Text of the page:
Monday, December 28, 2009

Walking St. Augustine - The Oldest US City

The oldest city founded by Europeans, actually.  Had a great walk up and down historic St. George, Marine, and Aviles Streets visiting the shops, historic buildings, and eateries, visiting Castillo San Marcos, eating at little out-of-the-way restaurants, and strolling beneath the Christmas light bespangled live oaks at the old slave market.  It was a magical night, reminiscent of the Christkindlmarkt visits our family made in Europe years ago.  The highlight of the evening walk was a ride (and then another) on the old antique carousel; with its century- and decades-old horses.  When it turned cold, we found a Polish/Greek restaurant to eat hot vegetarian Borscht soup with mushroom pirogies floating like wontons in an oriental soup, spinach/feta pie, and a Greek salad.  English was sparse in that mom/pop establishment!

Walking beneath the canopy of lights was thrilling.

Holiday spirit abounds!

Festive tree in the old slave market.

Maggie and her father.

Maggie and Deborah, our dear friend.

Monday, December 21, 2009

Yuletide - Winter Solstice

Happy Yuletide all.
Winter Solstice, the shortest day and longest night of the year.  May the light of the season reside in your hearts all year.

(Payette Lake, McCall, Idaho)

Sunday, December 20, 2009

Walking Stick Wisdom

Here's an original poem wood-burned into a walking stick that I made a few years back:

Wander frequently near or far.
Seek joy and beauty in each breath and step.
Dear traveler obey your heart's wise behest
And in life's journeys discover the soul's true rest.

Tuesday, December 15, 2009

Florida Fall Color

Winter hasn't quite arrived in Florida.  A cool snap during the last couple of weeks has brought out the colors of Fall.  Hickories and elms have turned yellow.  Sweet gums range from bronze to maroon to a decent orange color.  In this photo of an upland tupelo (Nyssa sylvatica) one sees a pleasing medley of hues.  This is one of my favorite Florida trees.

Monday, December 14, 2009

Sneaking Around Christmas Walk

I had a very enjoyable night-time walk with a dear friend last night along the limerock country road she lives on.  Our task: sneaking a fresh pear dressed up in a bag with a bow-tied ribbon onto the porches, gates, and mailboxes of a dozen of her rural neighbors.  Sneaking around whispering and giggling in the dark was great fun.  It's the 12 Days of Christmas.  Tonight's stealthiness involves Dove-brand soaps and 2 turtles candies for "2 turtle doves..".  Hoping for a repeat of the whispery, giggly fun, and continued luck not getting caught, or shot.

Tuesday, December 1, 2009

Swan Falls Dam on the Snake River, Idaho

Just after Thanksgiving my father, youngest brother, and I walked across Swan Falls Dam on the Snake River southwest of Boise, Idaho and hiked for a few sunny hours along the river and the basalt cliffs that form the canyon walls.  It was a wonderfully crisp day and the cold wind, sweet with the fragrance of big sagebrush tugging at one's clothes and washing over one's face, was a long-anticipated soul-cleansing.  Cold-smudged by Nature in the dry desert of SW Idaho, as it were.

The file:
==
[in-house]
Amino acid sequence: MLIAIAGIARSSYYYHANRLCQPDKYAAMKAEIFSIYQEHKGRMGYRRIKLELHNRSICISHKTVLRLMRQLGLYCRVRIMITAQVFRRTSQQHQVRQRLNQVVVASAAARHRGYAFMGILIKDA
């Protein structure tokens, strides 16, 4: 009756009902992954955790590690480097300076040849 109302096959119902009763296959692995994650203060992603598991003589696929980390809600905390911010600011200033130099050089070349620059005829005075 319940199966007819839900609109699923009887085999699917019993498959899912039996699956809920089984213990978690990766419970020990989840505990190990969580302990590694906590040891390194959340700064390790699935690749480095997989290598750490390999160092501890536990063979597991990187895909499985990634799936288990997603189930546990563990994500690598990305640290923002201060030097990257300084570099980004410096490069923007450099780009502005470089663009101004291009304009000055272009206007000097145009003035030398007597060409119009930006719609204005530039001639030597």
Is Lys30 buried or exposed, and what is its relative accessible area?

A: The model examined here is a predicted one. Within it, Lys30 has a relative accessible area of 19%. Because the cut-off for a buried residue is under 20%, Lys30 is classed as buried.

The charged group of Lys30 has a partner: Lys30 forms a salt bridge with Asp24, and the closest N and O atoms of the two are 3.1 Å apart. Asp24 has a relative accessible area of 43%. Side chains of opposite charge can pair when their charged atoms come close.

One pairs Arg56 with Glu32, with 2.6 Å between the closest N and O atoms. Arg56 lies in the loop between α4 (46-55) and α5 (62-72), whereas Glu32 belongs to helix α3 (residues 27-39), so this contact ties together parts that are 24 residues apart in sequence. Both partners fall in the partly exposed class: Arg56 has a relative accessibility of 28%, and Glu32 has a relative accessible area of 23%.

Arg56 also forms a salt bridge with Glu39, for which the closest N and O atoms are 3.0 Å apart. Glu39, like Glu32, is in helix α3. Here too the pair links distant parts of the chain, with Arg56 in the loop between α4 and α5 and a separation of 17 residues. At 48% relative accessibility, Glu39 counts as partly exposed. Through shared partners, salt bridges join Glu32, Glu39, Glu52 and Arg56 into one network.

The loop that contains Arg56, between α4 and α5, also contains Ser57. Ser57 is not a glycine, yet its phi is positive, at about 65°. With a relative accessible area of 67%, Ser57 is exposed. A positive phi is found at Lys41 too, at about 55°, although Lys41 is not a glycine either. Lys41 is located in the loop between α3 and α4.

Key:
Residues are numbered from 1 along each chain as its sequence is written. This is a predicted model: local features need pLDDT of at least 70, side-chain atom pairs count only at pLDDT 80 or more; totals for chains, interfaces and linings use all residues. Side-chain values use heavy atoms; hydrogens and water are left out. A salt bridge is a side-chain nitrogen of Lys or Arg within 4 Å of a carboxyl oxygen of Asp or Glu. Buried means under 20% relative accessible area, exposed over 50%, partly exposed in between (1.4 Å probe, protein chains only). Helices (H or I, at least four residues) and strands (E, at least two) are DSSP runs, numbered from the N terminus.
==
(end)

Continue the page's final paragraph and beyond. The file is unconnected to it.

This area of the Snake River lies within the 600,000 acre (Morley) Nelson Snake River Birds of Prey National Conservation Area, home to the most diverse and dense concentration of raptors in the United States.  Among the 24 species of raptors encountered in the cliff and tablelands are peregrine and prairie falcons, the American Kestrel (also a falcon); red-tailed, ferruginous, Swainson's, sharp-shinned and rough-legged hawks; the golden eagle, and the northern harrier.  We saw quite a few common ravens on that cold day, but few raptors.  Along the cliffs high above the river we encountered many fish bones - evidence the birds were catching or scavenging fish from the river and taking them to safe perches in the cliffs to consume them or to feed to nestlings.  Favored perches were identifiable by the white stains on the cliffs below choice alcoves and/or nest sites.  At one site at the base of a cliff formed from water-lain ash and basalt cobbles I found a collection of owl pellets and jawbones of the Piute/Townsend ground squirrels that are so ubiquitous on the flat tablelands above the canyon.  Great horned and great gray owls are found here as well, as well as diminutive burrowing owls that inhabit abandoned ground squirrel or badger burrows on the flatlands about the canyon.  Morlan "Morley" Nelson was a famed falconer and tireless champion of raptor rehabilitation, preservation and research who lived in my home town of Boise until his death in 2005.  It is quite fitting that this important conservation area is named after him.

Portrait of a happy hiker.  It was so nice to go a-walking with Dad and Brother, to exert myself in the cold air.  Toward the end of the hike we flushed two big mule deer.  They bounded away with effortless speed and purpose that was the picture of grace and strength and agility.  Would that we humans could move like that through the world.  The graceful part, anyway.  We might, if we tried harder in body and spirit, I say.

As a parting gesture, or following a personal tradition, rather, I gathered a shock of sagebrush to take back to Florida before we left the area - one of my favorite fragrances in the whole world to savor in the weeks and months ahead, and to perhaps smudge my 1935 frame house with.  A strong reminder and precious memory cue of my happy youth in the West, the sweet smell of my home country.